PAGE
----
We also believe that education remains the cornerstone of economic growth and individual advancement in the 21st century economy. To that end, I’m pleased to announce that USAID will invest $83 million during the next five years to support primary education in Indonesia, and we also providing a $20 million fund for graduate training for Indonesian students in the United States. These kinds of educational exchanges reflect the model of partnership that the United States is pursuing based on shared values, delivering concrete benefits for our people, and enhancing our partnership.

On regional issues, I expressed to the Minister our gratitude to Indonesia for supporting stronger American engagement in the Asia Pacific. It was during Indonesia’s chairmanship of ASEAN that President Obama became the first American president to attend the East Asia Summit. I’m confident that as Indonesia looks ahead to becoming the host of APEC next year, it will bring the same expertise and commitment to consensus building and results as the chair of that important group as well.

I thank the Minister for the efforts that Indonesia has undertaken following this year’s ASEAN Regional Forum. I expressed our appreciation for Indonesia’s and the Minister’s personal efforts to advance ASEAN unity. We believe that the U.S.-ASEAN relationship is one of our most important and we want to support ASEAN unity in this region. The recent U.S.-ASEAN Economic Ministers Meeting in Cambodia and the largest ever U.S.-ASEAN Business Forum, which I hosted in July in Cambodia, are evidence of that. As we intensify our engagement with ASEAN, we look forward to working with our dialogue partners to strengthen the ASEAN Secretariat.

We discussed developments in the South China Sea, and I commended, again, the Minister for his personal leadership under the President’s guidance. The United States has a national interest, as every country does, in the maintenance of peace and stability, respect for international law, freedom on navigation, unimpeded lawful commerce in the South China Sea. As I have said many times, the United States does not take a position on competing territorial claim over land features, but we believe the nations of the region should work collaboratively together to resolve disputes without coercion, without intimidation, without threats, and certainly without the use of force.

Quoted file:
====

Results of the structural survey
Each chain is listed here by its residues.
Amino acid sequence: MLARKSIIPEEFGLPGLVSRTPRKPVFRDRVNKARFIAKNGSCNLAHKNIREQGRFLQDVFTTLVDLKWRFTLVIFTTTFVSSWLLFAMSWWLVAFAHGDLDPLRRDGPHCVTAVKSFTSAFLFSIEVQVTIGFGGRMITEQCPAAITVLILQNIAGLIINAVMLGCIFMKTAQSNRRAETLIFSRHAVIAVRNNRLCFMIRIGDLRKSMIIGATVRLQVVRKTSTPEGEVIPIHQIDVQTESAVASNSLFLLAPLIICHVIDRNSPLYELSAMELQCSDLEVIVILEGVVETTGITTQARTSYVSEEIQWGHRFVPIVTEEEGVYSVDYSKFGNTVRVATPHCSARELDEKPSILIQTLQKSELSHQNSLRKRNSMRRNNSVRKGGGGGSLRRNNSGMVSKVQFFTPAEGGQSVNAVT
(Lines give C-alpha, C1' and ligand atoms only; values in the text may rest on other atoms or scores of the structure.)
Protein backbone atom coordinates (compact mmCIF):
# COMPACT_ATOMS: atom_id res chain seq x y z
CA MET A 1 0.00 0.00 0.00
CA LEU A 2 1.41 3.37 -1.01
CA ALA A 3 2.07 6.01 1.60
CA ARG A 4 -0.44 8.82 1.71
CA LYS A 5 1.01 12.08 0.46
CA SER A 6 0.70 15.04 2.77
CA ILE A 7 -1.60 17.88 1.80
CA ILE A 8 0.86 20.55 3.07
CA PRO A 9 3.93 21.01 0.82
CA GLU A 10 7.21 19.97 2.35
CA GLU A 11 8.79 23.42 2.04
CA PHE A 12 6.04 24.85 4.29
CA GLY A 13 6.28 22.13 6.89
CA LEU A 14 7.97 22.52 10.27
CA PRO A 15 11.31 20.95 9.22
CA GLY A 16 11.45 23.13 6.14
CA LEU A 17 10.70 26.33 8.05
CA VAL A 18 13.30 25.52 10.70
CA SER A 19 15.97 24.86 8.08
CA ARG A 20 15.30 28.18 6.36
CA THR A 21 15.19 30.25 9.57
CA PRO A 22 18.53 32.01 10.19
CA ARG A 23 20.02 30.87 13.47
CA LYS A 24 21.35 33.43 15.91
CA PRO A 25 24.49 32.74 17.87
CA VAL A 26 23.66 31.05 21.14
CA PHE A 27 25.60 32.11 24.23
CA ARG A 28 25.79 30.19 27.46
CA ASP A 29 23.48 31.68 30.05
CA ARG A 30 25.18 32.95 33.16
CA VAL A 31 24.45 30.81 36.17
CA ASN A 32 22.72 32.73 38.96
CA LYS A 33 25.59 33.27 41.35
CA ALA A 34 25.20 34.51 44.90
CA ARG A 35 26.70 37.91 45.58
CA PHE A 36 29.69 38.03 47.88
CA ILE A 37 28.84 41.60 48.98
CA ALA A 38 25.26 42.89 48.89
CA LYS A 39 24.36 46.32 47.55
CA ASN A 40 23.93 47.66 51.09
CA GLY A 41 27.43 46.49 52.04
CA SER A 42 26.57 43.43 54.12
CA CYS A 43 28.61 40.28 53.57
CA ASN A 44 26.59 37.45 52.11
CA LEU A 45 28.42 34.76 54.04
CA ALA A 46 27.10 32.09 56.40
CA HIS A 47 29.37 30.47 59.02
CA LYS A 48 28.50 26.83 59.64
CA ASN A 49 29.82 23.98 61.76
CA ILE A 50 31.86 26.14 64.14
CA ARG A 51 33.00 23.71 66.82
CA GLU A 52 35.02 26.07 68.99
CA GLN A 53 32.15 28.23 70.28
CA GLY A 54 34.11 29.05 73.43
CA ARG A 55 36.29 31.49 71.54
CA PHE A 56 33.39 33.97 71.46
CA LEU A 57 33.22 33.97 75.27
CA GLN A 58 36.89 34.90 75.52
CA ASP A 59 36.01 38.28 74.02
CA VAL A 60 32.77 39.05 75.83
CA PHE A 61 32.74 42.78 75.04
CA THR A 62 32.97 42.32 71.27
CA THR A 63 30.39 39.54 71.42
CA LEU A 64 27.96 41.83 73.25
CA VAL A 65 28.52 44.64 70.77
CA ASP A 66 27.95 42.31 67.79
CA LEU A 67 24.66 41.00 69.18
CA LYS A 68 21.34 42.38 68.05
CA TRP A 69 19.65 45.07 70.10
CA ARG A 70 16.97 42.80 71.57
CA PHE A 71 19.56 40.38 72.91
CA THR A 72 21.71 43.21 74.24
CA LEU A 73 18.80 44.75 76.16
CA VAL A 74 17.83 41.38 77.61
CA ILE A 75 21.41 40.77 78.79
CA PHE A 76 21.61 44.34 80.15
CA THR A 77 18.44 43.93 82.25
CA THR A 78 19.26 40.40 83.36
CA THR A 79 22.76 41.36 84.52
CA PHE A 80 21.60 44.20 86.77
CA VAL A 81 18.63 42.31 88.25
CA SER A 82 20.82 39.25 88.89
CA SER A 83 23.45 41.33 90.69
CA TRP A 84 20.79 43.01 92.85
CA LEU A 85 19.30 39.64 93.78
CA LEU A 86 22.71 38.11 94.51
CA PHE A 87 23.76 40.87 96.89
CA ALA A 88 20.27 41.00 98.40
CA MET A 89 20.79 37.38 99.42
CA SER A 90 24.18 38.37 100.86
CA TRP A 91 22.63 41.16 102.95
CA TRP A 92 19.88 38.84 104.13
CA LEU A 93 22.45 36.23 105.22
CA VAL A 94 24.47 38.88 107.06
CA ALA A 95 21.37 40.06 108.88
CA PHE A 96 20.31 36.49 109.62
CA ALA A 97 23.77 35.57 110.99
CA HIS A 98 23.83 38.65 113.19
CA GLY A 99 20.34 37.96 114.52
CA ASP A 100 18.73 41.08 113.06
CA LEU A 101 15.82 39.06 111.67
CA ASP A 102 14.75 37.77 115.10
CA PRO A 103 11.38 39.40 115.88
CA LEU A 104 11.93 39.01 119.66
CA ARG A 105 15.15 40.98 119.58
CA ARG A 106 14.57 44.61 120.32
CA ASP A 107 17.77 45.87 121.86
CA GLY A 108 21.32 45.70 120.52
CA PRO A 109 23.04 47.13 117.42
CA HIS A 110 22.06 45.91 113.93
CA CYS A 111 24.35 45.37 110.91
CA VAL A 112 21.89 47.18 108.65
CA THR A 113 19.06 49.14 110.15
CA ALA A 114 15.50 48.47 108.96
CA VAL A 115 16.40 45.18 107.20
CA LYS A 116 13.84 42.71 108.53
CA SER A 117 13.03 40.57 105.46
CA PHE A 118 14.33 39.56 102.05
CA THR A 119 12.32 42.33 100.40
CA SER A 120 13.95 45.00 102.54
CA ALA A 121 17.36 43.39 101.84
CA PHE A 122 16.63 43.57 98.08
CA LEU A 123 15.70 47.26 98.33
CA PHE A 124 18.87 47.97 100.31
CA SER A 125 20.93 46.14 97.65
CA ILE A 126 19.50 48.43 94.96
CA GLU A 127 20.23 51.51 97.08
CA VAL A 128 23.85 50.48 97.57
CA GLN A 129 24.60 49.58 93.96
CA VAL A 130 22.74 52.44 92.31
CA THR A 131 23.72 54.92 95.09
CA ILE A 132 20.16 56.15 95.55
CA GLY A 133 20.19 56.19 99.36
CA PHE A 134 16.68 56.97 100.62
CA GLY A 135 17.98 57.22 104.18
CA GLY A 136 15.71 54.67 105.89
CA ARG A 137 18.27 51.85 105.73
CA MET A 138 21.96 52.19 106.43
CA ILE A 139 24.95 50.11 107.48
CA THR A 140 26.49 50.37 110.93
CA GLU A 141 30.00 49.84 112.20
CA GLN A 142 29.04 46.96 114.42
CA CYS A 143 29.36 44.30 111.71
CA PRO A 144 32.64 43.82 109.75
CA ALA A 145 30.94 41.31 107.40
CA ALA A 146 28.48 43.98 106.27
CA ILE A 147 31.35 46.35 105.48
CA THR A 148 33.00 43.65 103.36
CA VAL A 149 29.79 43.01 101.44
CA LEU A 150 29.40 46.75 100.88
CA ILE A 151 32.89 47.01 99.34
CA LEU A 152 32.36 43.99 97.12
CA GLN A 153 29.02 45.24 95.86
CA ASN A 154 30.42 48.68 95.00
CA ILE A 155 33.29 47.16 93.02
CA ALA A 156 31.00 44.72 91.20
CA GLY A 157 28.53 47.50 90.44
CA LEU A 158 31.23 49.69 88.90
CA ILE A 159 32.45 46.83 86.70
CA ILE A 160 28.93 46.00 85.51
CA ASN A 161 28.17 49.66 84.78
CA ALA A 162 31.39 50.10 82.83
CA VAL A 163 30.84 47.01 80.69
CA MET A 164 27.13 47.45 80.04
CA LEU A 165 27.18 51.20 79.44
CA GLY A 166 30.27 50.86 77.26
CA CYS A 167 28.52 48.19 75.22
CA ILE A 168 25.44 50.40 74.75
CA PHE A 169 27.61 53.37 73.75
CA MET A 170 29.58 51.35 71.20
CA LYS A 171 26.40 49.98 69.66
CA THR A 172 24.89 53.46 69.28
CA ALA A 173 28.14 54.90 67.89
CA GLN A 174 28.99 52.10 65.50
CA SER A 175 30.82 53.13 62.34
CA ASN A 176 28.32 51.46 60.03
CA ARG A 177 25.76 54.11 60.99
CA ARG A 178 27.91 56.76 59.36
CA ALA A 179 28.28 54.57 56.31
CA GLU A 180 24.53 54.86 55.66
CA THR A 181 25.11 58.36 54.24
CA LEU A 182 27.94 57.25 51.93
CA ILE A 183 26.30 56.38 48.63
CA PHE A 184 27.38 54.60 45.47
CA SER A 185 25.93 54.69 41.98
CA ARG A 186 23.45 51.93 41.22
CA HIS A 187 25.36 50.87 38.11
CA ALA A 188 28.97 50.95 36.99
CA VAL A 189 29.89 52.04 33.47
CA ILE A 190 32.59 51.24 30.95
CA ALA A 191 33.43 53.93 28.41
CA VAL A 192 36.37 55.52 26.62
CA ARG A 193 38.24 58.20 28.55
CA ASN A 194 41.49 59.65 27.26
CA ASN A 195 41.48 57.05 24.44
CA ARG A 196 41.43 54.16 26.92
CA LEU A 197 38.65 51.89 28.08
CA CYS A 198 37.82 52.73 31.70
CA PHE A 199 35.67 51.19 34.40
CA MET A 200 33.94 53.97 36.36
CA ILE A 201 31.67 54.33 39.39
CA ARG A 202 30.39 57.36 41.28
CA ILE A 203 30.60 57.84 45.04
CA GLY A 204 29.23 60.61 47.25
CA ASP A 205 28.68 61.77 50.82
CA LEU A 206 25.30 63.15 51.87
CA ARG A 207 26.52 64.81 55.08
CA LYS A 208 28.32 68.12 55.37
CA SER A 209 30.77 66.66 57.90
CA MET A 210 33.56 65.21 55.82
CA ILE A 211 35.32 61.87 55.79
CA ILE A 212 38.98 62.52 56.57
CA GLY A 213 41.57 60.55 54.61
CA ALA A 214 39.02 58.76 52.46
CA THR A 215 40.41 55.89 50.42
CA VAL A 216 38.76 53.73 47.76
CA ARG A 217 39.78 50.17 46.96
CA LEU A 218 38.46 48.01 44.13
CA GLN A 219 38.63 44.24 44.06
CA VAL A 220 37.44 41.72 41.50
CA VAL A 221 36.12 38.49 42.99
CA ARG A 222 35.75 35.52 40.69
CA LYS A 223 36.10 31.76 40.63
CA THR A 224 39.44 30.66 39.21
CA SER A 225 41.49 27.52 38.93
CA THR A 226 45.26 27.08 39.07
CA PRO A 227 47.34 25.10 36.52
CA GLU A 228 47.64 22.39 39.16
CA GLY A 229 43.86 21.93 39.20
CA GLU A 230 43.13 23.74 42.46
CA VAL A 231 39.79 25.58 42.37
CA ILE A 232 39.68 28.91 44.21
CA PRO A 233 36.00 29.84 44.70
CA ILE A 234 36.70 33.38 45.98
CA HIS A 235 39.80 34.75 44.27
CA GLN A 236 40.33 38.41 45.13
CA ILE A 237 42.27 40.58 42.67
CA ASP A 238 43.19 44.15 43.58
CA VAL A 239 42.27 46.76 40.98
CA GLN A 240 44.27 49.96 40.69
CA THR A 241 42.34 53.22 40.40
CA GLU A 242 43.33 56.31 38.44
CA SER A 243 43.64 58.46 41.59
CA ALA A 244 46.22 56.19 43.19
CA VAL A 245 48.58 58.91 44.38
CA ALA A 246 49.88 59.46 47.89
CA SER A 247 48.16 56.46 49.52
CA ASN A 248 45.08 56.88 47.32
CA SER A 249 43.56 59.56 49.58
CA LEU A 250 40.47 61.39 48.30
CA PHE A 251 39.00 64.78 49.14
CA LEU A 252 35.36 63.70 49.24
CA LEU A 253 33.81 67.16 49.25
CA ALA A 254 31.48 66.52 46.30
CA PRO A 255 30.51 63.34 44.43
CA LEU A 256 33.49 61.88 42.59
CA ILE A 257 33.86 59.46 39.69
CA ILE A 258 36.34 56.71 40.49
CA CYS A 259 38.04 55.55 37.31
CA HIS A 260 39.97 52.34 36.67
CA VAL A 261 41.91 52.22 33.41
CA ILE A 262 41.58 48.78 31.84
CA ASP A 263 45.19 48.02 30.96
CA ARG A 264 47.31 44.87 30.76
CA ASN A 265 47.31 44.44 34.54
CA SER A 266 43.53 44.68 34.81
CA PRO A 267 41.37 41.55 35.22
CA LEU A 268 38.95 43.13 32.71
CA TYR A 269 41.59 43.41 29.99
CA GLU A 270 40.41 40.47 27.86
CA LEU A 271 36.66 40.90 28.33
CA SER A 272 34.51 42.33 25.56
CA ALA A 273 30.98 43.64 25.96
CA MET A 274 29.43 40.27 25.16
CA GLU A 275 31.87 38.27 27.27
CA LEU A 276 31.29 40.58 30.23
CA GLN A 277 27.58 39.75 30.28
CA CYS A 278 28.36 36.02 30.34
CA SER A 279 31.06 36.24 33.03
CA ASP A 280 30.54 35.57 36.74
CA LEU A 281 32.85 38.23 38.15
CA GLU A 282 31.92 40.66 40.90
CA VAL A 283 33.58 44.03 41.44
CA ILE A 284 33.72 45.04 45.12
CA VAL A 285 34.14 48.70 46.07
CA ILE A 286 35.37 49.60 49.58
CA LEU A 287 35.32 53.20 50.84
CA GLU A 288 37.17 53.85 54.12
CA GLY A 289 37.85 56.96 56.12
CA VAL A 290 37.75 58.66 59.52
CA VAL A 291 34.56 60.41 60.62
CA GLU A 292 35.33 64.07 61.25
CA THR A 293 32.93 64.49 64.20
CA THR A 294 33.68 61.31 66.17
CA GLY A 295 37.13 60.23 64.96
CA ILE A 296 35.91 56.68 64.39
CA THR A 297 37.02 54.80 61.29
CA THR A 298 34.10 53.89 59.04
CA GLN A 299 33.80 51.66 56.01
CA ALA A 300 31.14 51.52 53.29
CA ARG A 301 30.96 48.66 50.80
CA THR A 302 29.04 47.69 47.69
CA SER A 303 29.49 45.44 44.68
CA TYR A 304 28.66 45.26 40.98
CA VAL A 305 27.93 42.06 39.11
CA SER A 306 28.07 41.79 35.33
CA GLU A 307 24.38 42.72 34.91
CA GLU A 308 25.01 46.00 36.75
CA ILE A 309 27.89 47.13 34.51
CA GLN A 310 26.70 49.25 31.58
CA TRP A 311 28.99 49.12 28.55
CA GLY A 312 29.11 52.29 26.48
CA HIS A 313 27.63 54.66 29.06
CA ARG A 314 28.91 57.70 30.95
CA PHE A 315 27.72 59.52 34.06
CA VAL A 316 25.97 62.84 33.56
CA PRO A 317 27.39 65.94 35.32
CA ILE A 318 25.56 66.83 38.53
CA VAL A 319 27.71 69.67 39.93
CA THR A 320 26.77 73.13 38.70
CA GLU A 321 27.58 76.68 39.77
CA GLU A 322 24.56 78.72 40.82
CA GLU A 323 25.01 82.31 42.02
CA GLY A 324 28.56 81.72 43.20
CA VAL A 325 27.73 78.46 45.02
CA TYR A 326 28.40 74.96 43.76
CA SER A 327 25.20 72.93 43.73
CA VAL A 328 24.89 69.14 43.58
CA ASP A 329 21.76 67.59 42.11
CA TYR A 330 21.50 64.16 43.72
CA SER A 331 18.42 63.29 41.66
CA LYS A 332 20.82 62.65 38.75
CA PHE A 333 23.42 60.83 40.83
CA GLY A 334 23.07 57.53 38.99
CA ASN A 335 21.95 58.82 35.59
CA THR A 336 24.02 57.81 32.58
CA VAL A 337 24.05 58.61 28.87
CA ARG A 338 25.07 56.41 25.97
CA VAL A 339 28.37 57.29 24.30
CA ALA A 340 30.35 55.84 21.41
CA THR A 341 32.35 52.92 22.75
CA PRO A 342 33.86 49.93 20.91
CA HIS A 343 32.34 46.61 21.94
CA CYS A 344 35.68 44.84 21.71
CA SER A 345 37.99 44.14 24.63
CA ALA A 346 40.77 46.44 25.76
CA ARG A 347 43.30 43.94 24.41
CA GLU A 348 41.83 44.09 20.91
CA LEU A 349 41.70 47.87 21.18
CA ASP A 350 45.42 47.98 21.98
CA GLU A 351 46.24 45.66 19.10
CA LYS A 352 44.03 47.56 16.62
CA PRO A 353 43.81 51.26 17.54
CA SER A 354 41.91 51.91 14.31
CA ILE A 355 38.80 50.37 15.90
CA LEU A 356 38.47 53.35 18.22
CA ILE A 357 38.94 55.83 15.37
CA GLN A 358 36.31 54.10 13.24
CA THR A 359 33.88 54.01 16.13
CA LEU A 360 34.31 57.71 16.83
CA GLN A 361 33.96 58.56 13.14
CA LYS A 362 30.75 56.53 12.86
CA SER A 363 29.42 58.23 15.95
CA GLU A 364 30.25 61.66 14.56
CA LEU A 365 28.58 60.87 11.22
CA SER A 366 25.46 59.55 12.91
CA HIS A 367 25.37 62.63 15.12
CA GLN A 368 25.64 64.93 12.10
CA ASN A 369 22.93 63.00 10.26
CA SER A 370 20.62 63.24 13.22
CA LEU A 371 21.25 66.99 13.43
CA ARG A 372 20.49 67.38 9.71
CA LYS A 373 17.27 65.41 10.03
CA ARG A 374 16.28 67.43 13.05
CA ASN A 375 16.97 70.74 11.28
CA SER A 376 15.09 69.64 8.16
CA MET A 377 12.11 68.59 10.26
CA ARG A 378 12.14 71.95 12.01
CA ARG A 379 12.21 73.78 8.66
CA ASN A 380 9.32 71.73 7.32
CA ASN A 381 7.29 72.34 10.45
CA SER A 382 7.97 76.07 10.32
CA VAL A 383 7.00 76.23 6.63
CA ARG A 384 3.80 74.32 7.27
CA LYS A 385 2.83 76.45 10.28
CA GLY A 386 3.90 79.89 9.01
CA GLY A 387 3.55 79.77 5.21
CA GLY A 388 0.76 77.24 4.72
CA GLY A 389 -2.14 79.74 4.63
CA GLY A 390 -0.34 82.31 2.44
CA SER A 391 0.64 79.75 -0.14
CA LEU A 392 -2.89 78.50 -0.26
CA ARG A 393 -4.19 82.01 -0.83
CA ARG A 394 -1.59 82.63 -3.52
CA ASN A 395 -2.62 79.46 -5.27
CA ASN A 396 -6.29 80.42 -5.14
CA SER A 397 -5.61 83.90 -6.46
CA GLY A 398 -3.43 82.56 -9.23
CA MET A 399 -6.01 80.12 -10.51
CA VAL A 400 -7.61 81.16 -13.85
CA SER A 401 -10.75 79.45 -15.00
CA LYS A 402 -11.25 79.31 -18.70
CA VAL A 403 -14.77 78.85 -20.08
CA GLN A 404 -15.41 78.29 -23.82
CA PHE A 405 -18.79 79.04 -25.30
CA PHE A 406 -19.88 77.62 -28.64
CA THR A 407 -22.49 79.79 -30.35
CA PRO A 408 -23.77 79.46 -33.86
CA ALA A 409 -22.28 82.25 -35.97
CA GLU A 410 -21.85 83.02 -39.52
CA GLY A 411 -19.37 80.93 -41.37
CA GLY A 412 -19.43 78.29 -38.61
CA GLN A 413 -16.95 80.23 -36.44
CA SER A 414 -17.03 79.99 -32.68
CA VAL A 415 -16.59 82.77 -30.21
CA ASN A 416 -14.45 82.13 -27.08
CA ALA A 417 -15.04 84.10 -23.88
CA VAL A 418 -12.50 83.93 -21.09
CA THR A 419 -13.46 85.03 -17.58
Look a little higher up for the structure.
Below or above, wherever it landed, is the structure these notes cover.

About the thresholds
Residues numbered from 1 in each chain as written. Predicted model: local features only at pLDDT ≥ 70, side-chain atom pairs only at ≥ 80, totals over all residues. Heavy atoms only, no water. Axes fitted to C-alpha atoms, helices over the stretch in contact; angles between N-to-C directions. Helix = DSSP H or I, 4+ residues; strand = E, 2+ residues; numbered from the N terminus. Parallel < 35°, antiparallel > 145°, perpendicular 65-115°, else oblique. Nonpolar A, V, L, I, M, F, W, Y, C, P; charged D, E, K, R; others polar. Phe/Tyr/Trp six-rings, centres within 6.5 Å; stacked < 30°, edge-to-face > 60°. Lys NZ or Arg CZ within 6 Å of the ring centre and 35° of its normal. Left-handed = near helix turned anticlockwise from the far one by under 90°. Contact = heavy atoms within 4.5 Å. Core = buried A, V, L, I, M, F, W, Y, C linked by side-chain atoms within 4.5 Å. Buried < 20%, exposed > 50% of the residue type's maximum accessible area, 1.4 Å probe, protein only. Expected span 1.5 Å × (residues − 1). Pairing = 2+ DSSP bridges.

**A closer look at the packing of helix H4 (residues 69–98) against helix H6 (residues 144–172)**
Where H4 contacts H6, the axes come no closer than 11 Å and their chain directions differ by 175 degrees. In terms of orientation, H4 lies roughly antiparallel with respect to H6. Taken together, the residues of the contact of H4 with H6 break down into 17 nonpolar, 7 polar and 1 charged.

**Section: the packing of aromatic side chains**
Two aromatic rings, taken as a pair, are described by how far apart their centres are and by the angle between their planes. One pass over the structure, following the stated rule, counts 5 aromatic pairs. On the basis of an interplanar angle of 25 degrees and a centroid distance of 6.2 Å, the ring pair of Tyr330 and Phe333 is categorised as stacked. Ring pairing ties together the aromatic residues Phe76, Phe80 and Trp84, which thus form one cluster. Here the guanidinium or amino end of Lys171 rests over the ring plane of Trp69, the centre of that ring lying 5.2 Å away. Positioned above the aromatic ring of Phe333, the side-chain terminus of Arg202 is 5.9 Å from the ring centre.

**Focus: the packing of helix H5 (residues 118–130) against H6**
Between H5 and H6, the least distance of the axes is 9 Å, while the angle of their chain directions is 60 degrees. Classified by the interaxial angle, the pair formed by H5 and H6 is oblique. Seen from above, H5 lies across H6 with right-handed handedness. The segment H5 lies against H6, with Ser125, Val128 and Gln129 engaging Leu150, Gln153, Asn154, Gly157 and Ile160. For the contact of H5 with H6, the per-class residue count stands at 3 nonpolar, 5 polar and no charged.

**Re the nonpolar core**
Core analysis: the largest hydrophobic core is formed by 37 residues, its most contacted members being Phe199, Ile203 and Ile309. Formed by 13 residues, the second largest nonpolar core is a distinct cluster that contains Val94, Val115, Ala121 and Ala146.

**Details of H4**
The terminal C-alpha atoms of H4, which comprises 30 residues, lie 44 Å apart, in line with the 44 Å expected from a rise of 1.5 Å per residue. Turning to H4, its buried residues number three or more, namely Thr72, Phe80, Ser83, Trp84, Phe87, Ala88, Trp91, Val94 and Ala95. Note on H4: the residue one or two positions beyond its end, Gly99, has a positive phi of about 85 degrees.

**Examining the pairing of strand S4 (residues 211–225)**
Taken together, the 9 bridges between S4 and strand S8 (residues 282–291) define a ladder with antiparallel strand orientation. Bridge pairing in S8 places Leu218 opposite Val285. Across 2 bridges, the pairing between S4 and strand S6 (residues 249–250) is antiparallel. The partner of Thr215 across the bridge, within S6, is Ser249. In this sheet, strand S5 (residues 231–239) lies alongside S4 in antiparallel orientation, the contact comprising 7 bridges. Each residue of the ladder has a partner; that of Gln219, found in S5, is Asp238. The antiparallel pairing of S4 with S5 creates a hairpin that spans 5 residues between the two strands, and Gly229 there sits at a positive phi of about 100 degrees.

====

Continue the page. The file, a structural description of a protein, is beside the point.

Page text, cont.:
That is why we encourage ASEAN and China to make meaningful progress towards finalizing a comprehensive code of conduct in order to establish rules of the road and clear procedures for peacefully addressing disagreements. And we endorse the recent ASEAN six-point principles on the South China Sea. We will continue to support the work that ASEAN is doing, and in particular the leadership of Indonesia, to clarify and pursue claims in accordance with international law, including the Law of the Sea Convention.

The world looks to Indonesia as the leading democracy in the region – as indeed the third largest democracy in the world – to promote democracy and human rights, and we will work together on behalf of those important principles. We both agree strongly that there should be no discrimination against minorities on any basis – religious or communal, sectarian, ethnic – and that we should promote freedom and tolerance for all.

In pursuit of our shared democratic values, we’re pursuing plans for our Triangular Cooperation program, which aims to strengthen democratic institutions in countries such as Burma. Once again, the United States will be sending a high-level delegation to the Bali Democracy Forum to strengthen democratic reform and civil society and to stand up for the human rights that democracies are pledged to protect.

And finally, the Foreign Minister and I exchanged views on Iran and Syria. On Iran, we believe – and we share this common position – that Iran has a right to the use of peaceful nuclear energy. But Iran must abide by its international obligations and cannot be permitted to get a nuclear weapons.

On Syria, both our countries remain committed to three priorities: putting an end to the violence, responding to humanitarian need, and helping to facilitate a political, democratic transition that will benefit the Syrian people.

So again, Minister, I thank you for these very substantive discussions. I thank you for yours and the President’s leadership on behalf of regional and global issues of great importance to us all. I look forward to seeing you in Vladivostok in a few days, and welcoming you to Washington in a few weeks. Thank you.

FOREIGN MINISTER NATALEGAMA: Thank you very much, Hillary, for your remarks. I wonder whether we can allow some of our colleagues to pose one or two questions before we proceed to the working dinner that we had planned.

Yes.